Discussions on low carbon or sustainable feedstocks at European Petrochemical Association gatherings – even ten years ago – were rare.
Back then, inquiries for products meeting Environmental, Social, and Governance (ESG) expectations would signify a delegate had stumbled into the wrong event… That's how exotic such concepts were among some petrochemicals market participants.
This year however talk of routes to low carbon-intensity raw materials resonated in Tecnon OrbiChem’s bustling meeting suite.
Terms like renewable, biomass and circularity preceded questions around cost curves, product pricing, supply chain security, technology, and government policy.
Inside our Grand Hotel Wien meeting suite, delegates representing multi-billion-dollar-making corporates using fossil fuel-based feedstocks passed by peers from a renewables enterprise with a US$10 billion-plus turnover like ships in the night.
Our new biomaterials business manager Dwight Lynch and the company’s global sales manager Matteo Baldi engaged in hours of discussions, which are reviewed below.
...The 'Louis Vuitton price model' is about targeting companies willing to pay higher prices for greener – or more circular – materials - Biomaterials business manager Dwight Lynch
"It is well understood that goods with a strong sustainability profile come with higher price tags," says Lynch.
"With the cost of biobased chemicals and polymers up to three times their petrochemical equivalent, companies face the critical question: Which of my existing, or potential, customers can, or are willing, to pay that?"
“It’s a strategy one delegate dubbed the ‘Louis Vuitton’ price model," says Lynch.
'Louis Vuitton’ Price Model Explainer
French fashion house Louis Vuitton (LVMH), for example, sells no ladies' handbags under the US$1000 mark. Widely considered the world's most expensive luxury brand, it launched a 90% sustainable materials-based US$1000 sneaker in 2022.
Of course, the ROI (return on investment) thanks to the sneaker's price tag justifies the cost of the recycled and renewable raw materials used to produce it. In this way, LVMH is a hot target for producers of low-yield high-cost recyclable or biobased materials because its end customers can afford to pay the premium.
The blog post includes a free-to-download eBook with datasets indicating pricing for the raw materials that make up EVA foam in midsoles – ethylene and vinyl acetate monomer. Also explored are propylene oxide and other chemicals used in polyurethane-based shoe components.
Edging on Commercialization
Tecnon OrbiChem's global sales manager Matteo Baldi recognizes the glass ceiling... Scale-up and cost of production processes are the biggest limitations, together with the supply and traceability of sustainable feedstocks.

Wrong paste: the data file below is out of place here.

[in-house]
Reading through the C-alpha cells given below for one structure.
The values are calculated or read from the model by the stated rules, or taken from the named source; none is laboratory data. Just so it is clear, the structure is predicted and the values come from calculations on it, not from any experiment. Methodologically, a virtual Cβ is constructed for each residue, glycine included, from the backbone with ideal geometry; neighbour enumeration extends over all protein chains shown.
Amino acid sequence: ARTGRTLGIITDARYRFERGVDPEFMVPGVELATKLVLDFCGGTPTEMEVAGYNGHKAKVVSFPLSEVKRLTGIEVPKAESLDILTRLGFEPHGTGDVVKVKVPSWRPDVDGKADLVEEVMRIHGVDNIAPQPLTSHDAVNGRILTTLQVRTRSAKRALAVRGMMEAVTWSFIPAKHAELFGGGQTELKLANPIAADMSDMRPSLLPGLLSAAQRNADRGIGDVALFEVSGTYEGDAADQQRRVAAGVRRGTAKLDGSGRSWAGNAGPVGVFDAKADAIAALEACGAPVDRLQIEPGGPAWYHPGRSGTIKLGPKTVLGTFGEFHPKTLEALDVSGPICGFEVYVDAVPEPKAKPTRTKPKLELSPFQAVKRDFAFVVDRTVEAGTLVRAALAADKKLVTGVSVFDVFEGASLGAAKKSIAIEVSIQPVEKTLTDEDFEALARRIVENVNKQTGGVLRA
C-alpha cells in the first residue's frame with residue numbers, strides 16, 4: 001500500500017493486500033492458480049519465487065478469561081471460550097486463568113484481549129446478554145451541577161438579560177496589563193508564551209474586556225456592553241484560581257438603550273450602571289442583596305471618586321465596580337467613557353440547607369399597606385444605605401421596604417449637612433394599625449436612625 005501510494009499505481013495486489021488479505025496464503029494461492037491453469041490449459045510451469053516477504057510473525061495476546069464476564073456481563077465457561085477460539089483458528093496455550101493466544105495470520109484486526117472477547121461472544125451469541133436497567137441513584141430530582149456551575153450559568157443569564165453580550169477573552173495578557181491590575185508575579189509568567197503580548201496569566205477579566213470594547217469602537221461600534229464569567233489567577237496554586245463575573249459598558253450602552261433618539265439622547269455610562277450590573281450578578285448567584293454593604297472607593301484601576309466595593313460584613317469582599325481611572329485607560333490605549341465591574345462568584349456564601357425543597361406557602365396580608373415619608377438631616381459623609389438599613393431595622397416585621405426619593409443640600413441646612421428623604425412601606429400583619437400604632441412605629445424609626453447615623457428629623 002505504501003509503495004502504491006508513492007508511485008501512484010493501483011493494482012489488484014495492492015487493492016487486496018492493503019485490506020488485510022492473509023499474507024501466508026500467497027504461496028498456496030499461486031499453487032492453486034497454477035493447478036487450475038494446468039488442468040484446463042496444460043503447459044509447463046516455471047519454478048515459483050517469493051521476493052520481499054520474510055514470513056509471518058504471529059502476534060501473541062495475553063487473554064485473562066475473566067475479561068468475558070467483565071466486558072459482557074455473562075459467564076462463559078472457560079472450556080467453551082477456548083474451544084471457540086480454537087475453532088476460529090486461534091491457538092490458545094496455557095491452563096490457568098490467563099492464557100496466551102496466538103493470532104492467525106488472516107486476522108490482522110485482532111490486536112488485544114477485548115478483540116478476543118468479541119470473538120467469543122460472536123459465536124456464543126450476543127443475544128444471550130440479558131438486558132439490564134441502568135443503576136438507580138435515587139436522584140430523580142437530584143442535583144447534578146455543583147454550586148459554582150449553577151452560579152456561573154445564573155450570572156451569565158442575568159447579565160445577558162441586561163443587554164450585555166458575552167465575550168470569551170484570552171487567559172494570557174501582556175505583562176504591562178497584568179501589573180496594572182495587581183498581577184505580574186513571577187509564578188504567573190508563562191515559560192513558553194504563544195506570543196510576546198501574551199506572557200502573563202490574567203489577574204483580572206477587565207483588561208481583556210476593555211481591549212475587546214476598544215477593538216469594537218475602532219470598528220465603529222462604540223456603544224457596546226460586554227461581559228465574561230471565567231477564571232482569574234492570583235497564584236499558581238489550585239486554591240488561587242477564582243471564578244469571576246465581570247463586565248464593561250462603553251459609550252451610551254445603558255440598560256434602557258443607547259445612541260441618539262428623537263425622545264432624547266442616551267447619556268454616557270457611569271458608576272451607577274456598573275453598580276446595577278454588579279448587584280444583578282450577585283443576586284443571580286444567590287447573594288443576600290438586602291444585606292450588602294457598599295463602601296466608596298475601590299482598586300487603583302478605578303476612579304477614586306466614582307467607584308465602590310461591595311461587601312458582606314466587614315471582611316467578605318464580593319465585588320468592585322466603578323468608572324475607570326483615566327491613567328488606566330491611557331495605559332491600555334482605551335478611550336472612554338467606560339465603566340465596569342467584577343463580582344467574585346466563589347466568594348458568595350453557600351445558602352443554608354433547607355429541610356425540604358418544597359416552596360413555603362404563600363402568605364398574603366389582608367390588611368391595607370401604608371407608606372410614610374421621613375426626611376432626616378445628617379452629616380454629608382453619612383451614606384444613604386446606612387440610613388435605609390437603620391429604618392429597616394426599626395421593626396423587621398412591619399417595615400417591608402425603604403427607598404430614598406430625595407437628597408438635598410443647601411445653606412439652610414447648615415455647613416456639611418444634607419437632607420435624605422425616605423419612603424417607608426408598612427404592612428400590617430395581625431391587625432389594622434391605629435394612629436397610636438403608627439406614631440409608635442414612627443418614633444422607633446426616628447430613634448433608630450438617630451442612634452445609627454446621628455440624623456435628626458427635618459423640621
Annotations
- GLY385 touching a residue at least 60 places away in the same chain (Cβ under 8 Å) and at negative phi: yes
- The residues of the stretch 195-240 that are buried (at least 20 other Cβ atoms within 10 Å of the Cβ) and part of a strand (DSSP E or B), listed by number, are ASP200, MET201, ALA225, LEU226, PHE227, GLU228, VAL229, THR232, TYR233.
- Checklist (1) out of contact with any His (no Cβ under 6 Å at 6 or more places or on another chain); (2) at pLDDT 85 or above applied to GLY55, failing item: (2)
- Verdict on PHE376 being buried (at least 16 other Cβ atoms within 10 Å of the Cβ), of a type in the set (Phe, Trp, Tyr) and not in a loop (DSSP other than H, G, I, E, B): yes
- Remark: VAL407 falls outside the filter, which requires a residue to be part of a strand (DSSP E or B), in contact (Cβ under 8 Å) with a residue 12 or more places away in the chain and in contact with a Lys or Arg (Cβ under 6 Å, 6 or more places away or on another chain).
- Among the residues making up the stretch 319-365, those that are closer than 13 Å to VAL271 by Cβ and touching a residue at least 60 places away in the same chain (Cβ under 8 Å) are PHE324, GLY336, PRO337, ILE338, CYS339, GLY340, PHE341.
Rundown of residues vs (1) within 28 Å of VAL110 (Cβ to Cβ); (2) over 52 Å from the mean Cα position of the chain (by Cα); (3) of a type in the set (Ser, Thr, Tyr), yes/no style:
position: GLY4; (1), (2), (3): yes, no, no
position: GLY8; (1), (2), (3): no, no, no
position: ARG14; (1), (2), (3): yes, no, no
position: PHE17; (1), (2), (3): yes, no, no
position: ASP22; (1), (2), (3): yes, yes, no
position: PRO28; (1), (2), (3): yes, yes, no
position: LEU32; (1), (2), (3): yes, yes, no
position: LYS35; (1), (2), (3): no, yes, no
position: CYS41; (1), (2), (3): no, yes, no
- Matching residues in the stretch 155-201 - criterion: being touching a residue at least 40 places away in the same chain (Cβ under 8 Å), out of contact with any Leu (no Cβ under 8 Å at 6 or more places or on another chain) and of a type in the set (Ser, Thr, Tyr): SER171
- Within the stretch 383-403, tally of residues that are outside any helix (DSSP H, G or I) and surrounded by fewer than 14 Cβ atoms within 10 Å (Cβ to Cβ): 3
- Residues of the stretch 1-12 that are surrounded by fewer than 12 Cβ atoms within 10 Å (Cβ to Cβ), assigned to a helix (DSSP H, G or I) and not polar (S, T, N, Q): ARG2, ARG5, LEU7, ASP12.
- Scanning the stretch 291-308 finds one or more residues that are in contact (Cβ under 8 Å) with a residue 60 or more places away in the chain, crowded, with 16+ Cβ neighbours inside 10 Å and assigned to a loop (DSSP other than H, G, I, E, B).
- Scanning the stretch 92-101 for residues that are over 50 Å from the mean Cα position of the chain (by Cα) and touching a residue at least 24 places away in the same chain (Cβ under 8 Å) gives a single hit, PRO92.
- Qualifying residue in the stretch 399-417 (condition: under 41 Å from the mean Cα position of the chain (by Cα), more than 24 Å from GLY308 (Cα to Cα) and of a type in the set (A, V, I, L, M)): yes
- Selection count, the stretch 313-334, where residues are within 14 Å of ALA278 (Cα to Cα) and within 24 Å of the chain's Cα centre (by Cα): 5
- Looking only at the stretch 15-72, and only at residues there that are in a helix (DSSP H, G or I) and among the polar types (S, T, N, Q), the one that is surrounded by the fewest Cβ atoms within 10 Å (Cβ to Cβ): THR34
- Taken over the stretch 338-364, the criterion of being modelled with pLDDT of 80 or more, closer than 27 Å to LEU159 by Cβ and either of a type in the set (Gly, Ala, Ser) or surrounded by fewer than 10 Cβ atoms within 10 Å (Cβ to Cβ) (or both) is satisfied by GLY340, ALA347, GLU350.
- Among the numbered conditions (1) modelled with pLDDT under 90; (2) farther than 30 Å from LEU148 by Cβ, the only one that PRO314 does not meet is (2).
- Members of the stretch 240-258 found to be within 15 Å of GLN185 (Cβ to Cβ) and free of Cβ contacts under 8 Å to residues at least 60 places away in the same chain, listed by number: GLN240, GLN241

"So far, like most new technologies, these raw materials remain prohibitively costly until they are commoditized. Endless startups with new, disruptive products and processes are unable to scale up. Often, commercialization fails due to the very high costs."
"Creating sustainable materials is costly because, so far, neither the yield nor properties of the materials obtained – in biochemical plants at least – have reached a scale-up level necessary to underpin a good selling proposition."
The Louis Vuitton pricing strategy, Lynch interjects "has the advantage of being free of petrochemical price fluctuations. The perceived benefit lies in the potential for more constant pricing, even if it is much higher."
"However, petrochemicals market fundamentals remain very important," adds Lynch. "Because they set a 'floor price', which sets the expectation for the premium price."
Having explored biobased and recycled opportunities, one household name brand Tecnon OrbiChem consultants met with at EPCA, is hedging its bets on CO2.
"The company's experts have calculated an internal carbon cost and are prioritizing sustainable suppliers. Those able to provide goods with a reduced emission profile are given the CO2 cost credit against the selling price," he adds.
Mapping Sustainable Pathways
In general, companies applying strategy at this level have fully surveyed internal operations. They’re cutting in-house emissions already, so their expert teams probe supply chains to identify Scope 3 emissions. Once identified, they devise a reduction strategy with the supplier.
"Lowering environmental impact involves the entire value chain. From the raw material and its production to transportation, energy, and product manufacturing processes. It can take optimization of a whole supply chain to make a sustainable product," adds Baldi.
According to Lynch, the leisure product brand's strategy also includes both mechanical recycling and chemical recycling, with the latter reflecting the lion's share.
Multiple partners are collaborating to realize dissolution technology – a purification process through which the polymer present in mixed plastic waste is selectively dissolved in a solvent. "My contacts even talked of a demonstration plant," adds Lynch.
This brand believes that chemical recycling's purity surpasses that of mechanical recycling. "That's vital for consumer peace of mind," they said. "But chemical recycling also has the potential to enhance supply chain security by utilizing hard-to-recycle post-consumer mixed plastic waste streams," Lynch adds.
While companies are keen to develop sustainability profiles in chemicals and consumer markets, many market participants have a way to go before such initiatives can be hardwired into strategy.
"Some companies and brands are willing to pay a premium for eco-alternatives," says Baldi. "But we must remember that final products will cost more which many consumers won't always be willing to pay," he adds.
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